Dawn of a New Age – Rolls-Royce Dawn
Its name an homage to a famed Rolls-Royce drophead of the postwar era, the Dawn seamlessly blends the utmost in 21st-century technology with the utmost in traditional, bespoke craftsmanship, for an incomparable open-air driving experience.
In the Rolls-Royce lexicon, the name Dawn harkens to 1949, and to a Britain emerging from the darkness of the Second World War into a new era of cultural and economic possibility. The first car to carry the name, the 1949 Silver Dawn, was the first Rolls-Royce with a factory-built body. Rolls-Royce offered a convertible version of the Silver Dawn, although it was an exclusively coach-built affair, a nod to the rarefied tastes of its owners, who totalled just 28 in all.
Two summers ago, Rolls-Royce announced it was reviving the spirit of its storied convertible, abbreviating its name simply to Dawn. Since last January, when the first car off the production line sold at auction in the U.S. for $750,000, the Dawn has won accolades from virtually every major authority, from Top Gear to The Daily Telegraph. This year, the Dawn reaffirmed its status when it was declared Best Luxury Car in the 2017 UK Car of the Year Awards.
The Dawn is exceptional in several respects. It is the world’s only true four-seater super-luxury drophead coupé. It’s the quietest convertible in the world — as quiet as a Wraith, in fact, due to the advanced acoustic properties of a cloth top that stows itself away in a mere 22 seconds, a choreographed routine the automaker calls “the silent ballet.” And while the construction of its chassis makes it the stiffest four-seat convertible ever built, its exquisitely tuned suspension still delivers the same “magic carpet ride” for which Rolls-Royce is famous.
Engine: Twin-turbo 6.6-L V-12
Horsepower (hp): 563
Torque (lb-ft): 605
Acceleration (0-60 mph): 4.6 seconds
Top Speed: 155 mph (electronically governed)
Base Price: $400,000
Though imposingly big, the Dawn is seductively sleek, its svelte lines inviting you — via power-assisted reverse-opening doors — into a cabin outfitted with luscious hides and expanses of hand-finished hardwood veneer. In classic Rolls-Royce fashion, the dash and console are refreshingly spare and restrained, a rare zone of tranquility in an age of digital distractions. At the press of a button, even the navigation screen disappears behind a book-matched cut of Tudor oak — or teak, rosewood or any other one of a forest of exotic alternatives.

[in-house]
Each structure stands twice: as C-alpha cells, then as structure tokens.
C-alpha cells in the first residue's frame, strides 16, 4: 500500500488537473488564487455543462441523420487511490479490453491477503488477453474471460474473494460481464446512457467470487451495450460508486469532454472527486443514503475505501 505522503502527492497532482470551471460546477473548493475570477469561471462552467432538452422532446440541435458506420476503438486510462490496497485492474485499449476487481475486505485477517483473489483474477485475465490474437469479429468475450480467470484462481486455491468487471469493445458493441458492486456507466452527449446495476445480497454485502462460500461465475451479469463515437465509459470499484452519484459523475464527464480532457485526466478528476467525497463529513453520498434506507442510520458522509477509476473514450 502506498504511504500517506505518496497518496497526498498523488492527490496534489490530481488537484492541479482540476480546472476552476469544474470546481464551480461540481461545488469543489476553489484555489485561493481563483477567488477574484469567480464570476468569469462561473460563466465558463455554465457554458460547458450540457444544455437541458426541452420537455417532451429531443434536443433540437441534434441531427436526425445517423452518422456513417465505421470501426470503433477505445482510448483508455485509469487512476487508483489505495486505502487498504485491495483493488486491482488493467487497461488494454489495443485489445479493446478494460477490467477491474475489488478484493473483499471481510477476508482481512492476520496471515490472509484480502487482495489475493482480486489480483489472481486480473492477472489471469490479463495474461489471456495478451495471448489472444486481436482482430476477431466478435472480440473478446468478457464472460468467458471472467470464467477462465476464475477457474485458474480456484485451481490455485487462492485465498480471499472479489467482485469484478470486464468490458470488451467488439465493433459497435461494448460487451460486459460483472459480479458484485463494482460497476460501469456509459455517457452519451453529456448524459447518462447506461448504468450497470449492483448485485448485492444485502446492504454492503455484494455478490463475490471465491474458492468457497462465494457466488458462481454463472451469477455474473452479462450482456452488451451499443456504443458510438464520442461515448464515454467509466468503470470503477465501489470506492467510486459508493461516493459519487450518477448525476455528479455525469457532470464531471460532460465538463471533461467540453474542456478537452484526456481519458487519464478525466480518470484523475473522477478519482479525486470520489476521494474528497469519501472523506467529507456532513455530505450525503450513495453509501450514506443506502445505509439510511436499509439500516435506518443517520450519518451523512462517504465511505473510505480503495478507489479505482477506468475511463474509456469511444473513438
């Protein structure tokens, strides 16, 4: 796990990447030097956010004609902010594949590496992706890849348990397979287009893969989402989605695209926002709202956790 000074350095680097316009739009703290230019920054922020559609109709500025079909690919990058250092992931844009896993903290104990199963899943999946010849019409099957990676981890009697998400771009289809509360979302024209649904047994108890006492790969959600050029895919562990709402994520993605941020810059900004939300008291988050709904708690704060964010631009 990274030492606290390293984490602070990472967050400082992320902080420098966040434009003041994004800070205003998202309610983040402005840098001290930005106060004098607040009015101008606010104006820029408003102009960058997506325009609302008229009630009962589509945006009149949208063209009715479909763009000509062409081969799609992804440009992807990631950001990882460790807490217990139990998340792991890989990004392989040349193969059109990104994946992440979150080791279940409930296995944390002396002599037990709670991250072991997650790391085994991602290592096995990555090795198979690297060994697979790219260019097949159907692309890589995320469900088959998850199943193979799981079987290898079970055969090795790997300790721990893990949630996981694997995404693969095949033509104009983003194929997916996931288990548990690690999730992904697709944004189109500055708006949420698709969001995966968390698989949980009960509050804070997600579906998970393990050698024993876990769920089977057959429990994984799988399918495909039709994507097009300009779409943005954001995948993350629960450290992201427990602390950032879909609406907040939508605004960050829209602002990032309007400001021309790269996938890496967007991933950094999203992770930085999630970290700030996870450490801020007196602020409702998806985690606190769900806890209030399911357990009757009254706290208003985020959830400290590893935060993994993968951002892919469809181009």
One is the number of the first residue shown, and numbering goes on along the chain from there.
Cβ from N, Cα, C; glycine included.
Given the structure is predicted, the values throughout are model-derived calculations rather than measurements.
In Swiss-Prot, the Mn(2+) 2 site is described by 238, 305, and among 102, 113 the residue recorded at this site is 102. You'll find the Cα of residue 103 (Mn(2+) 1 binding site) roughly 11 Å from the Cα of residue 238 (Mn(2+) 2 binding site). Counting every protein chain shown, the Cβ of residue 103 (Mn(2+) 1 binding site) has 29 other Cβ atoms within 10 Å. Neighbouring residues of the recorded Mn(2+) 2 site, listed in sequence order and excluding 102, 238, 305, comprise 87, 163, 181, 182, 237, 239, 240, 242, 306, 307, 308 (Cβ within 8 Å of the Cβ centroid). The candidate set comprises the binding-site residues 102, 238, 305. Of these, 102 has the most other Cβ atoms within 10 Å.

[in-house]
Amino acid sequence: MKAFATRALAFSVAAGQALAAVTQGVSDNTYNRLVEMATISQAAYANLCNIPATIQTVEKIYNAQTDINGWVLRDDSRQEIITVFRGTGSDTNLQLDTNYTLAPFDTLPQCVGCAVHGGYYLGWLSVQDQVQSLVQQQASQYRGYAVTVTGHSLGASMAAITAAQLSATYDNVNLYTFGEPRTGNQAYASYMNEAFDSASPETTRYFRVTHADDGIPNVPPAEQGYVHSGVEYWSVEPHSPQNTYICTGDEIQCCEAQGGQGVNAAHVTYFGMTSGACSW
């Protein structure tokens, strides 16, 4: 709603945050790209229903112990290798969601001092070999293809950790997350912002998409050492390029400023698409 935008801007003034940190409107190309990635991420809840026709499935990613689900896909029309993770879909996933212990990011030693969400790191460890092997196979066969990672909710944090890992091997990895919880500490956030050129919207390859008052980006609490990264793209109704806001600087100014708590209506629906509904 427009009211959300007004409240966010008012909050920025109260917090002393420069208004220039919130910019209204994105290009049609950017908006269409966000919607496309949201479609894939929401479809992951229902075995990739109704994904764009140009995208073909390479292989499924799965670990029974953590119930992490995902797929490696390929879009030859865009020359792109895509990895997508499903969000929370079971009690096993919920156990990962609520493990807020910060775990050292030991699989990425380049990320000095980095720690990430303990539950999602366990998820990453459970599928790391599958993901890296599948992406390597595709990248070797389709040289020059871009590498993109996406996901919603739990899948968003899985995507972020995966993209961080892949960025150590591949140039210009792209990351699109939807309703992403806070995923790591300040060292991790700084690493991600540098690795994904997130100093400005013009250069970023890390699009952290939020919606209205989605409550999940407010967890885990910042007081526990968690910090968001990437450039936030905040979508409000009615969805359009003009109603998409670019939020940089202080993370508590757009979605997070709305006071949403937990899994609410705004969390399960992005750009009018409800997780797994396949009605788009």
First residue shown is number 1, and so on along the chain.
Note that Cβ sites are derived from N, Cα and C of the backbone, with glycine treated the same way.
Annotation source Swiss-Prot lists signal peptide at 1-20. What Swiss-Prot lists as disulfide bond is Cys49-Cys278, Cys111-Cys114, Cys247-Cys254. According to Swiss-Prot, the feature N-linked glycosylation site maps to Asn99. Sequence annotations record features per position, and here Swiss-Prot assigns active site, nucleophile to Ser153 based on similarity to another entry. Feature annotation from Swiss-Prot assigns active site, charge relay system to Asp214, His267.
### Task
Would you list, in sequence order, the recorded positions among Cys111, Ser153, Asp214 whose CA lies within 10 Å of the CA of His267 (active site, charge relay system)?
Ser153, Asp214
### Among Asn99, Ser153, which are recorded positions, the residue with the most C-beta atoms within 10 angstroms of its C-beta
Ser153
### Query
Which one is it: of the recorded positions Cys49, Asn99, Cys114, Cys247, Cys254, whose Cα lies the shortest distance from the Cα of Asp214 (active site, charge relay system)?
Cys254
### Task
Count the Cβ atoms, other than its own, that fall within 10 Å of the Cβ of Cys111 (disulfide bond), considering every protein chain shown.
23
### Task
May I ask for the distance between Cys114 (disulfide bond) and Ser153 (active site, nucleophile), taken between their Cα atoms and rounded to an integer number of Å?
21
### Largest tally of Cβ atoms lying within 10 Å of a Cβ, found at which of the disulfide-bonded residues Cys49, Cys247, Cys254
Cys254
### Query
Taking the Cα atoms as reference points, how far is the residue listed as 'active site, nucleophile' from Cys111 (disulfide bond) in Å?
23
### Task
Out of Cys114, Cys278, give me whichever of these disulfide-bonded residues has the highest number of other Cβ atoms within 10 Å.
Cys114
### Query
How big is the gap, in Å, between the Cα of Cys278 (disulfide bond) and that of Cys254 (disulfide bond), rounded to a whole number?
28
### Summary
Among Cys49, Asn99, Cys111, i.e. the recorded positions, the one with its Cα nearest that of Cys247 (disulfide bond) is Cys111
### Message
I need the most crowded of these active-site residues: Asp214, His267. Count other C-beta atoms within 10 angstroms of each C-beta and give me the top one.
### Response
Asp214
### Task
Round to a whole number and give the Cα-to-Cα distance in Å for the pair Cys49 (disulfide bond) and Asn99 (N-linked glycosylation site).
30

For those who prefer a darker shade of daybreak, Rolls-Royce recently unveiled the Dawn Black Badge, distinguished by blackened chrome, a darker, more menacing interior bedecked in a stealth-fighter-like composite of aircraft-grade aluminum thread and carbon fibre, and an optional exterior paint that the automaker calls “the deepest, darkest and most intense black to ever grace a production car surface.”
The twin-turbo 6.6-litre V-12 idles with a low whisper that belies its output: 563 brake horsepower and 605 lb-ft of torque, the latter fully accessible from a mere 1,600 rpm. Under hard acceleration, the torque unspools in a seamless rush that Rolls-Royce aptly describes as the impression of “one infinite gear.” The Dawn’s handling is just as superb, utterly adroit in every eventuality in spite of its 2.5-ton weight.
In the twists and turns, the Dawn is always, uncannily, in precisely the right gear — silkily downshifting on the entry for greater control, and just as silkily upshifting as the asphalt straightens on the exit, as if it somehow sees the road ahead. In fact, it can, thanks to Satellite Aided Transmission, an innovative drivetrain technology that made its production car debut in the Dawn’s stablemate, the Rolls-Royce Wraith.
Top down, cruising the coast at highway speed, there’s barely a hint of the wind whipping by. Just the sun and the sky up above, the engine’s endless thrust, and a waking dream that goes on and on, mile after delectable mile.
photos courtesy of Rolls-Royce